As I've been meeting with customers over the last four or five years we've often discussed an assumed trend that storage already is or is rapidly becoming commoditized. I have readily accepted and in fact have often and actively helped perpetuate the conversation in my sessions. I haven't stopped and thought much about until this afternoon when I was meeting with a CIO who had the audacity to suggest that multi-pathing was a commodity and he shouldn't be paying for DMP. I mean COME ON, name another multi-pathing solution with as many differentiators (performance, manageability, reporting, etc) over traditional "free" products. Those who know me are probably already getting a visual of how the rest of that meeting went, but let's just say after about 30 minutes that account team is getting their renewal and the customer is planning to move many more servers to DMP... That conversation prompted me to consider all the customers I've recently spoken with who are still buying very expensive storage arrays.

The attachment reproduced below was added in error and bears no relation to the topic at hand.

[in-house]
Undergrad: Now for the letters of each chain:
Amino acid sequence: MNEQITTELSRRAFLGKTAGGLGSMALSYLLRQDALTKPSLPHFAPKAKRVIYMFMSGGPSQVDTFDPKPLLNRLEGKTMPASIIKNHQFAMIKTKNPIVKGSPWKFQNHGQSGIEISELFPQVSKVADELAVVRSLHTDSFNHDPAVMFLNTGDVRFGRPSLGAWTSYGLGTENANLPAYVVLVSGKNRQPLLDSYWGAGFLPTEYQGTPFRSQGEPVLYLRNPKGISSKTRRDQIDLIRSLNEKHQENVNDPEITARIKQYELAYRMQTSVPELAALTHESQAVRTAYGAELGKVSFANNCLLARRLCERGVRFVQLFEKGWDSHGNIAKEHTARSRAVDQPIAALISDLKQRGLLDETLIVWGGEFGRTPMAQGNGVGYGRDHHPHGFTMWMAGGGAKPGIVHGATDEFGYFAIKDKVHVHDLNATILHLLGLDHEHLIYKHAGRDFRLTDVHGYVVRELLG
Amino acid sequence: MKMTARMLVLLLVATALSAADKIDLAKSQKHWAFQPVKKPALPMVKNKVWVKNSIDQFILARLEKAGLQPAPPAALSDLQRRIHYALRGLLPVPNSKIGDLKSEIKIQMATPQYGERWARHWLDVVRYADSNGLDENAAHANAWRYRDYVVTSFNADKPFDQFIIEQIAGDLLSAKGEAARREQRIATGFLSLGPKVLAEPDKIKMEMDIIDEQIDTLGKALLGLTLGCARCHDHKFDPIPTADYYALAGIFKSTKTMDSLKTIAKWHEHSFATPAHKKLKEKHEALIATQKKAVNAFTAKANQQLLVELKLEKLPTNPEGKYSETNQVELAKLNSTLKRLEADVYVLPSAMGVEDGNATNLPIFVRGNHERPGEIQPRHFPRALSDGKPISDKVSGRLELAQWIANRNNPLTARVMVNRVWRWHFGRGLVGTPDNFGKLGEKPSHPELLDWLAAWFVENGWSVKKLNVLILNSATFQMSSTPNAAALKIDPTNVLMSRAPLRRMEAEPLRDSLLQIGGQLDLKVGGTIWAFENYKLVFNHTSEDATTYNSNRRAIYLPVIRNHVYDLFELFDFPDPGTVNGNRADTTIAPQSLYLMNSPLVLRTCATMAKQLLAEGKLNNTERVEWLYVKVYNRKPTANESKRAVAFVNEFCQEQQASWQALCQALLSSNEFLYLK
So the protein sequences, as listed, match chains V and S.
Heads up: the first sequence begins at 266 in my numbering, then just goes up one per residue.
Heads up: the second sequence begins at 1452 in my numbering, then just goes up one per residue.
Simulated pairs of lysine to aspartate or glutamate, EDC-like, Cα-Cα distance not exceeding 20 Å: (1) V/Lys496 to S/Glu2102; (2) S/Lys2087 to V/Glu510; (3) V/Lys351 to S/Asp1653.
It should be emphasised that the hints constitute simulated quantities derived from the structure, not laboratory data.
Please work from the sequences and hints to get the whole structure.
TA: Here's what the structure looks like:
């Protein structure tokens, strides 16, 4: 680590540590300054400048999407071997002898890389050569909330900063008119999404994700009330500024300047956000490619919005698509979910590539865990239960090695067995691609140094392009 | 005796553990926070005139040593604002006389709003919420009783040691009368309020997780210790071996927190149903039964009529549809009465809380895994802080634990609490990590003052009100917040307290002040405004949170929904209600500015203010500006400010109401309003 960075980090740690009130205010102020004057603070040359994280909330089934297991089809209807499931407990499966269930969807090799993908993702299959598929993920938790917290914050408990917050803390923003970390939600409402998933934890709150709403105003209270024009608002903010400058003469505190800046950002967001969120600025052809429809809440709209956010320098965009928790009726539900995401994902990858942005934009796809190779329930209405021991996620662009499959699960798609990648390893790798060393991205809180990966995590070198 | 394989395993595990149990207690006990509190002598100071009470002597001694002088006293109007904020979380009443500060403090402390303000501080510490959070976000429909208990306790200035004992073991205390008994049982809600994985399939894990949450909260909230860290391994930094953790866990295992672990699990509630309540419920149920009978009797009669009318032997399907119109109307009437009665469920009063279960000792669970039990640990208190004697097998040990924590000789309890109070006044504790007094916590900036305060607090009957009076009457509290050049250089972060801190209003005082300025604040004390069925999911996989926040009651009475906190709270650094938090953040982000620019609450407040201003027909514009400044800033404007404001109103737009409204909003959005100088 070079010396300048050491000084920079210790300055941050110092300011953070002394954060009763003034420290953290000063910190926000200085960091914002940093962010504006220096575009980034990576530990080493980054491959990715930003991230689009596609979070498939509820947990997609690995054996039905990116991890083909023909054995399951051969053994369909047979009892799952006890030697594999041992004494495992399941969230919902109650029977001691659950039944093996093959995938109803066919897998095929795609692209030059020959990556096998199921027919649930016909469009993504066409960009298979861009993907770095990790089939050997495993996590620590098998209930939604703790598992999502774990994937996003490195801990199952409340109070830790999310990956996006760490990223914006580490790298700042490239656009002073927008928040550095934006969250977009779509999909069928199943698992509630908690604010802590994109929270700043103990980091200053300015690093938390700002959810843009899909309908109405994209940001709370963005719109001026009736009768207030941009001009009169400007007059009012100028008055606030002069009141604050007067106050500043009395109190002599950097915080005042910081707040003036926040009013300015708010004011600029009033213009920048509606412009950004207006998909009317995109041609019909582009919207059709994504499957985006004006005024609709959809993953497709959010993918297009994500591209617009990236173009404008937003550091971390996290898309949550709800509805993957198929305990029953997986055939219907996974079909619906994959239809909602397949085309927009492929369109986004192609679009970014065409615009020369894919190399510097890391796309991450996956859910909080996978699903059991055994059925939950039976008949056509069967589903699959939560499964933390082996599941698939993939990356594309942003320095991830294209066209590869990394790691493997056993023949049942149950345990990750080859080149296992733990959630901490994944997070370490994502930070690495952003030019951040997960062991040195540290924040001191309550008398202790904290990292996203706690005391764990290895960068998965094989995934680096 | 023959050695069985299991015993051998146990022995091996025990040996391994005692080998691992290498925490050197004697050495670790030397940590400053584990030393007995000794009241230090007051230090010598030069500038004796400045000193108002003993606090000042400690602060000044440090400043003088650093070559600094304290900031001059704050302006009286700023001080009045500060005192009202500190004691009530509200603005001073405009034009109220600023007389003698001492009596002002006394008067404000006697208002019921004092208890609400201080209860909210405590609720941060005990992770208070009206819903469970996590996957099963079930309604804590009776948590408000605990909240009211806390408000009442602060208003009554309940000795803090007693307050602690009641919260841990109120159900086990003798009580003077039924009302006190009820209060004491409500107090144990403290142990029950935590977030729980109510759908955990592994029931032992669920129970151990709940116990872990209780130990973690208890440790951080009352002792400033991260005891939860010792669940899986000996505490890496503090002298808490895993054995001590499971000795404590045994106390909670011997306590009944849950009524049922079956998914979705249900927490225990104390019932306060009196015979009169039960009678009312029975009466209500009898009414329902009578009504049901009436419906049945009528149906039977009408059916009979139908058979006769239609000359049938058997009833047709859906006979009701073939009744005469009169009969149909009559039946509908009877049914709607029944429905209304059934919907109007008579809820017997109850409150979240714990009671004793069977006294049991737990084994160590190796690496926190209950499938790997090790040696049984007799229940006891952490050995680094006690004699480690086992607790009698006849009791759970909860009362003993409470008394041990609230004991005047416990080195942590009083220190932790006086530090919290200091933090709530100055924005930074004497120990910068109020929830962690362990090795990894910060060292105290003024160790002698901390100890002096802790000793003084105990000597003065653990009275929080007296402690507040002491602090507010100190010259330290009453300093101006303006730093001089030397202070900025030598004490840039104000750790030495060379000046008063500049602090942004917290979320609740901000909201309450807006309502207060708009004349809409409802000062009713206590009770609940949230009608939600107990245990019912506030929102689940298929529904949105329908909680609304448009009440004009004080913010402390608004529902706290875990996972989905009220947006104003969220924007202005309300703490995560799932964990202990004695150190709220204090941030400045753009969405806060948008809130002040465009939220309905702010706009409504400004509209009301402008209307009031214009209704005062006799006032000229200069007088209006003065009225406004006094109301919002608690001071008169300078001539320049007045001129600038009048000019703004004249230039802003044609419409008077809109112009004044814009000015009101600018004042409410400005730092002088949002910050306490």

To start, I began to look for a good definition of commoditization. That turned out to be more difficult than I originally imagined! So to paraphrase what I was able to find - Commoditization is effectively when the consumer no longer recognizes the good or service as being significantly differentiated by anything other than cost or other trivial factors.
So if storage has become or is becoming a commodity then are these people willing to pay more during these tough economic times simply due to brand awareness or momentum? Perhaps the vendor's array color scheme matches their server racks a little better..... Of course not. For these enterprises it is about reducing cost-performance ratio's, improving their infrastructure agility, and better serving their business needs. There is a still fairly distinct differentiation based on availability, performance, and features that drives their purchase decision. Further the emergence of Solid State Storage and business analytic advancements (aka big data initiatives) are likely to continue to drive performance and feature diversity for the next several years at least.
Perhaps that's the problem. When people talk to me about "storage is becoming commoditized" are they simply referring to a price per Gig that they are spending to get their capacity? Granted array internal components such as internal drive capacity has been a commodity for several years, but perhaps with SSD even that changes and even capacity is no longer commodity? Regardless, I think it is time for us to stop talking about and fretting over the eventual commoditization of Storage, and focus instead on using our storage spend to meet and improve the company's core business success metrics.
What do you think?